Religious beliefs create confusion

Atheist students face unfair assumptions and discrimination about their religious beliefs

By Kansas Gibler

I wasn’t raised with a god. There was never a higher power or church on Sunday.

For five or six years, Christmas and Easter passed without me realizing what we were celebrating. Seeing people’s palms pressed together confused me until I got to public school when I was immersed in a society in which people kept their knees on the ground and eyes closed.

The atheist population has been rising lately, but atheism is not a new concept at Lawrence High.

“Back in the mid ‘90s when we started taking a look at what some areas in the school were that had students that were being discriminated, we found that religion, or lack of a specific religious belief was an area ,so we had students who were teased for being Christian [and] we had students who were teased for being atheist,” prevention specialist Diane Ash said.

It is evident that the majority of students are of Christian faith and haven’t always been accustomed to non-religious people.

We live in an environment that assumes everyone is Christian unless external evidence says otherwise, like a T-shirt or necklace. It’s almost as if we need to wear our religion to get the point across.

“I’m not at all religious, but most people just assume that I’m Christian just because I don’t openly walk around saying that I don’t believe in God,” sophomore Genevieve Voigt said.

There is, however, a pressure to believe in God, a pressure so tremendous that students and teachers avoided interviews on the topic.

There is no way for atheists to come together in support of each others’ views without possibly damaging the way people view them.

“You could start a club, [but] that might actually make it worse,” Voigt said. “Maybe atheists don’t really have that ability because if they did form a group or a club they probably would be discriminated against just because there are people who have a misconception of what atheism is and what atheists think and believe. We really kind of don’t have that right. If there were an Atheist Club, I wouldn’t join just because I don’t want people to get the wrong idea about me. Whereas Christians have the opportunity to form whatever sort of group they want and people generally think of it as a good thing, but they think of atheism as a bad thing.”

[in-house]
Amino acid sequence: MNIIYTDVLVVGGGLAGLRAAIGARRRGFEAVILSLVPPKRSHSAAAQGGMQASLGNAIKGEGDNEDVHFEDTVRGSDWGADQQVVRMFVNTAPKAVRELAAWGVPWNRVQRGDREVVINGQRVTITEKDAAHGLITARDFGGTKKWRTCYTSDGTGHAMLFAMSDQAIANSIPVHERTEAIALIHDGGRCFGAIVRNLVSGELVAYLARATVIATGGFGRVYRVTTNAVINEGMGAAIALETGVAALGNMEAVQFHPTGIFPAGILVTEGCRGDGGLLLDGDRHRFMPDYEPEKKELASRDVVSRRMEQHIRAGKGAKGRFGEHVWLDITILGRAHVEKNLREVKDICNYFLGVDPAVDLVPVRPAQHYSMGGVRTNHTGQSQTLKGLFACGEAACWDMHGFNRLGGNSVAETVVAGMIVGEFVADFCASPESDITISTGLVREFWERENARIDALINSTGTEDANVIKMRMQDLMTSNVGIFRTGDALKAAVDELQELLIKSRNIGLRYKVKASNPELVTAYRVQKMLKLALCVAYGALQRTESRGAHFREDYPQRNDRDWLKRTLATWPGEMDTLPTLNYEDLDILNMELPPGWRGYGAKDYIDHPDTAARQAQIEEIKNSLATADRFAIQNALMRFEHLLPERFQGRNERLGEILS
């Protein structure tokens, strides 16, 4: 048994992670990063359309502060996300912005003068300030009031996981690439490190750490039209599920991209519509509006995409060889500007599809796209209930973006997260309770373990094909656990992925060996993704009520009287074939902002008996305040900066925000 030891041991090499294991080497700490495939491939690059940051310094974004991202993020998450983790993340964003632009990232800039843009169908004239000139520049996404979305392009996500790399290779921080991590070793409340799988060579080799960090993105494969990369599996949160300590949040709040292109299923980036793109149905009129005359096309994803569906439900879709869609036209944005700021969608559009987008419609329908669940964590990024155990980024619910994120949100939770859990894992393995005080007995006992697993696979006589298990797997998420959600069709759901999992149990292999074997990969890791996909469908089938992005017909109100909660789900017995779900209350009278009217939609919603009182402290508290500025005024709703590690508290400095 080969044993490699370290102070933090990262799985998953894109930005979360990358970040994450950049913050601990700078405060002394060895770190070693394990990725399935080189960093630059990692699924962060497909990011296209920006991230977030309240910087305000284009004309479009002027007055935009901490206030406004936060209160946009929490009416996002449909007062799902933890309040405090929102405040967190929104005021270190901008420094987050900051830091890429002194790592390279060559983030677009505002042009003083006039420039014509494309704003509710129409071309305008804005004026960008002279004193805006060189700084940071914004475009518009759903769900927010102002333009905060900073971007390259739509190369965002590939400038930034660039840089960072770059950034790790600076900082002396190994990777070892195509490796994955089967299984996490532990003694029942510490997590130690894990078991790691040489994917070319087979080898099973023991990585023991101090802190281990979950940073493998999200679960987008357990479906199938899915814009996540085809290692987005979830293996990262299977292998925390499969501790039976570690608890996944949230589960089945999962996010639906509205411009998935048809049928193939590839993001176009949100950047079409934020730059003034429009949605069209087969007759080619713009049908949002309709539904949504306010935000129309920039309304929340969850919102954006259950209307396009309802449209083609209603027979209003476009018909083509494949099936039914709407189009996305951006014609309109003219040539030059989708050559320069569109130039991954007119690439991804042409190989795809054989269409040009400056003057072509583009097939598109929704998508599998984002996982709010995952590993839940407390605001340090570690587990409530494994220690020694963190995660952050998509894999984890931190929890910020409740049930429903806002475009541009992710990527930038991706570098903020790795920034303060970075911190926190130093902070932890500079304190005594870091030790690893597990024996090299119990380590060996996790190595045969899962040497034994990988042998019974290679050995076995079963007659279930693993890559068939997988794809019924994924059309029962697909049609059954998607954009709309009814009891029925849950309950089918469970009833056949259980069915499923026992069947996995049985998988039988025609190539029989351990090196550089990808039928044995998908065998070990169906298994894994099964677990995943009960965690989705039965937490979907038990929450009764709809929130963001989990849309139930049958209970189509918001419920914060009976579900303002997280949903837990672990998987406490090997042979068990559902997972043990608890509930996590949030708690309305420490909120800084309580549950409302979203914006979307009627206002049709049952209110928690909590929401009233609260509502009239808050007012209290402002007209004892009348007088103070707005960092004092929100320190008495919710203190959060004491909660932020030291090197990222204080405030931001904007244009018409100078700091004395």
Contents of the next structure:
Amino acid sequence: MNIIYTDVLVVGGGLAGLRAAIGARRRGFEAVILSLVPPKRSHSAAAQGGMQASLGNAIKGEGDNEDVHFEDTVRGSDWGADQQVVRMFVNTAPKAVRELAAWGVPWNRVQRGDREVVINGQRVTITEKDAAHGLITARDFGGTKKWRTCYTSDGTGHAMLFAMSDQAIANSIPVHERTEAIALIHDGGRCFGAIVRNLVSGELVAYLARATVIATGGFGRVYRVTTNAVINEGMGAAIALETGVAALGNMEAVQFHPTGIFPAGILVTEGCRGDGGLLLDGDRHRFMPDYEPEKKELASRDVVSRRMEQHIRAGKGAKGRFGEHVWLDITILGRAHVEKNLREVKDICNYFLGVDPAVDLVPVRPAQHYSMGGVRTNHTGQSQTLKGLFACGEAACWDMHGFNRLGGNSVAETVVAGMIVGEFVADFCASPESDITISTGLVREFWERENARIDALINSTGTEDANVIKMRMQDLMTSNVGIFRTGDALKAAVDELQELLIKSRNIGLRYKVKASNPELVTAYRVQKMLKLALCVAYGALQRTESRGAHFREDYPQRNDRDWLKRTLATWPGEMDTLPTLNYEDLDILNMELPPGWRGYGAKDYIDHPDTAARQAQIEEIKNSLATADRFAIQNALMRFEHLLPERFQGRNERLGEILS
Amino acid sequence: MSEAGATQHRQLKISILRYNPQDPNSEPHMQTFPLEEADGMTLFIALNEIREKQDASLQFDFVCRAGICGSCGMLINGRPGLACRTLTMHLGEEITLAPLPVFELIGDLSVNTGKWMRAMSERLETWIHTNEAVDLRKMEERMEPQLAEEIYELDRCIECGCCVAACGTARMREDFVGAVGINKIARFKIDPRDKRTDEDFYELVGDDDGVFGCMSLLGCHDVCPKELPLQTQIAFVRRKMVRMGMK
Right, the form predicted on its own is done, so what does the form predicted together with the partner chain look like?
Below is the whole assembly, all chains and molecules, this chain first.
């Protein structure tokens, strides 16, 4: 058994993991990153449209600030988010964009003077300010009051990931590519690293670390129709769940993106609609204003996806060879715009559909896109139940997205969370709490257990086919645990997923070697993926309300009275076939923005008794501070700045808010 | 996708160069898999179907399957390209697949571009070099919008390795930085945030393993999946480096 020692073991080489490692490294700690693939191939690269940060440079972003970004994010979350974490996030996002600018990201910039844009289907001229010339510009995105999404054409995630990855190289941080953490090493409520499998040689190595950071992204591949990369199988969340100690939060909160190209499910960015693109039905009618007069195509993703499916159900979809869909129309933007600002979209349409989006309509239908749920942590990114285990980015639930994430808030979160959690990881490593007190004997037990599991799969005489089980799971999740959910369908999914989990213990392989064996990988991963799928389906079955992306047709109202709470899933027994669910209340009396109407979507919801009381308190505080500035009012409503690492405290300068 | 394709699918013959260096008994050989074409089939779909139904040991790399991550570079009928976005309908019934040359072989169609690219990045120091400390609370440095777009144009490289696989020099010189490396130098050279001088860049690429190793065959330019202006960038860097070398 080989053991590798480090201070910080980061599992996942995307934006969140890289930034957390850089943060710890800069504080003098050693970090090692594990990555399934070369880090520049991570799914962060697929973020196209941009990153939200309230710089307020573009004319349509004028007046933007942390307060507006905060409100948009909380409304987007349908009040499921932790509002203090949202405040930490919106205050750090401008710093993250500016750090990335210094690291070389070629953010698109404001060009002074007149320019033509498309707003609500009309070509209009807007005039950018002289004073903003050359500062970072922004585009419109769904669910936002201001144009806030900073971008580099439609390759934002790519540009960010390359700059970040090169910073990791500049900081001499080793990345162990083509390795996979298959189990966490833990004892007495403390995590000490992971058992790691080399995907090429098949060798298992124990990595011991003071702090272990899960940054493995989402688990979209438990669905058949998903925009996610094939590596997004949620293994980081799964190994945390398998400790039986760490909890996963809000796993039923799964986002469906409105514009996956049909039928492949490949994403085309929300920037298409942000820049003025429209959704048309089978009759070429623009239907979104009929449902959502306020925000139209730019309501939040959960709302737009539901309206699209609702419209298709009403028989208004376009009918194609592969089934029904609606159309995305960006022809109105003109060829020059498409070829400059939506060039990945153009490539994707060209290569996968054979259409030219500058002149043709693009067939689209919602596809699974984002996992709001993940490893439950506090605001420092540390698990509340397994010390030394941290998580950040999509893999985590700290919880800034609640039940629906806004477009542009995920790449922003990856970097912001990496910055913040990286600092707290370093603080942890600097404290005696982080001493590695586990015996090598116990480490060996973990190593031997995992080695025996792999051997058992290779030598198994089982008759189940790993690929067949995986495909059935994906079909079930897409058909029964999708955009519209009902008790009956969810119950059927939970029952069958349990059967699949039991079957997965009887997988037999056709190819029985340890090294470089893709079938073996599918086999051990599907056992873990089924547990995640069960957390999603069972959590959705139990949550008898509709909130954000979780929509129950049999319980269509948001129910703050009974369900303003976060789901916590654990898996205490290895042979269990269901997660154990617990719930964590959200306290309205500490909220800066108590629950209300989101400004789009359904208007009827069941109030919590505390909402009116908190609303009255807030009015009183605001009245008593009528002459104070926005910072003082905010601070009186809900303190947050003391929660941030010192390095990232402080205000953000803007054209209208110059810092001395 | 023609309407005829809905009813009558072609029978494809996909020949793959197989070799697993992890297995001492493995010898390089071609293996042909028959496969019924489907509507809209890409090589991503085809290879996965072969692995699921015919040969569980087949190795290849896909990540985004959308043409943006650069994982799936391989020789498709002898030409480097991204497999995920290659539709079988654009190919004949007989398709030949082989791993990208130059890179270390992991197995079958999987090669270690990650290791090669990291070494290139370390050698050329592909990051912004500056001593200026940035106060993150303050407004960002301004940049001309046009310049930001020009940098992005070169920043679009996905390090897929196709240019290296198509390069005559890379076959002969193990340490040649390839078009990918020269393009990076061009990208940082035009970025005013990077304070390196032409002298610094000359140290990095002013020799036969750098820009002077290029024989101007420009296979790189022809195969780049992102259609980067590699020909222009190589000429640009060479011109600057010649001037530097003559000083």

The stereotypes are crushingly false. From “devil-worshipers” to “heathens,” many have the wrong idea of what atheists believe. For the record, people can’t be devil worshipers if they’re atheists, since atheists deny any sort of god or deity.

I never really knew about the concept of a higher power, and when I did, I wasn’t interested. As a curious 7-year-old, I wondered why my friends could never hang out on Sunday. In third grade, I finally got to attend a church service, and the concept of religion became more clear.

Around the of age 11, I knew I wouldn’t ever be able to believe in anything. The existence of a higher power didn’t sound plausible, and I knew people had gone to the moon and back without seeing heaven. The Earth’s center isn’t hell, like some people believe — it’s just the core.

Not, unlike many other atheists, I have yet to encounter information that proves that there could be a god.

“I didn’t grow up believing in God, and nothing has really led me to believe that there would be God as Christians know it,” Voigt said.

Even though little evidence exists, for some that is irrelevant as we go to school and see summer camp T-shirts referencing JC almost daily.

Where Christian kids are free to discuss their beliefs, atheist students are shunned for their disbelief. Worse yet, atheist students live in a world where they are assumed to be something they aren’t.

Students need an open door to decide what religion or non-religion they subscribe to. Everyone should be free to question the belief systems presented to them as children.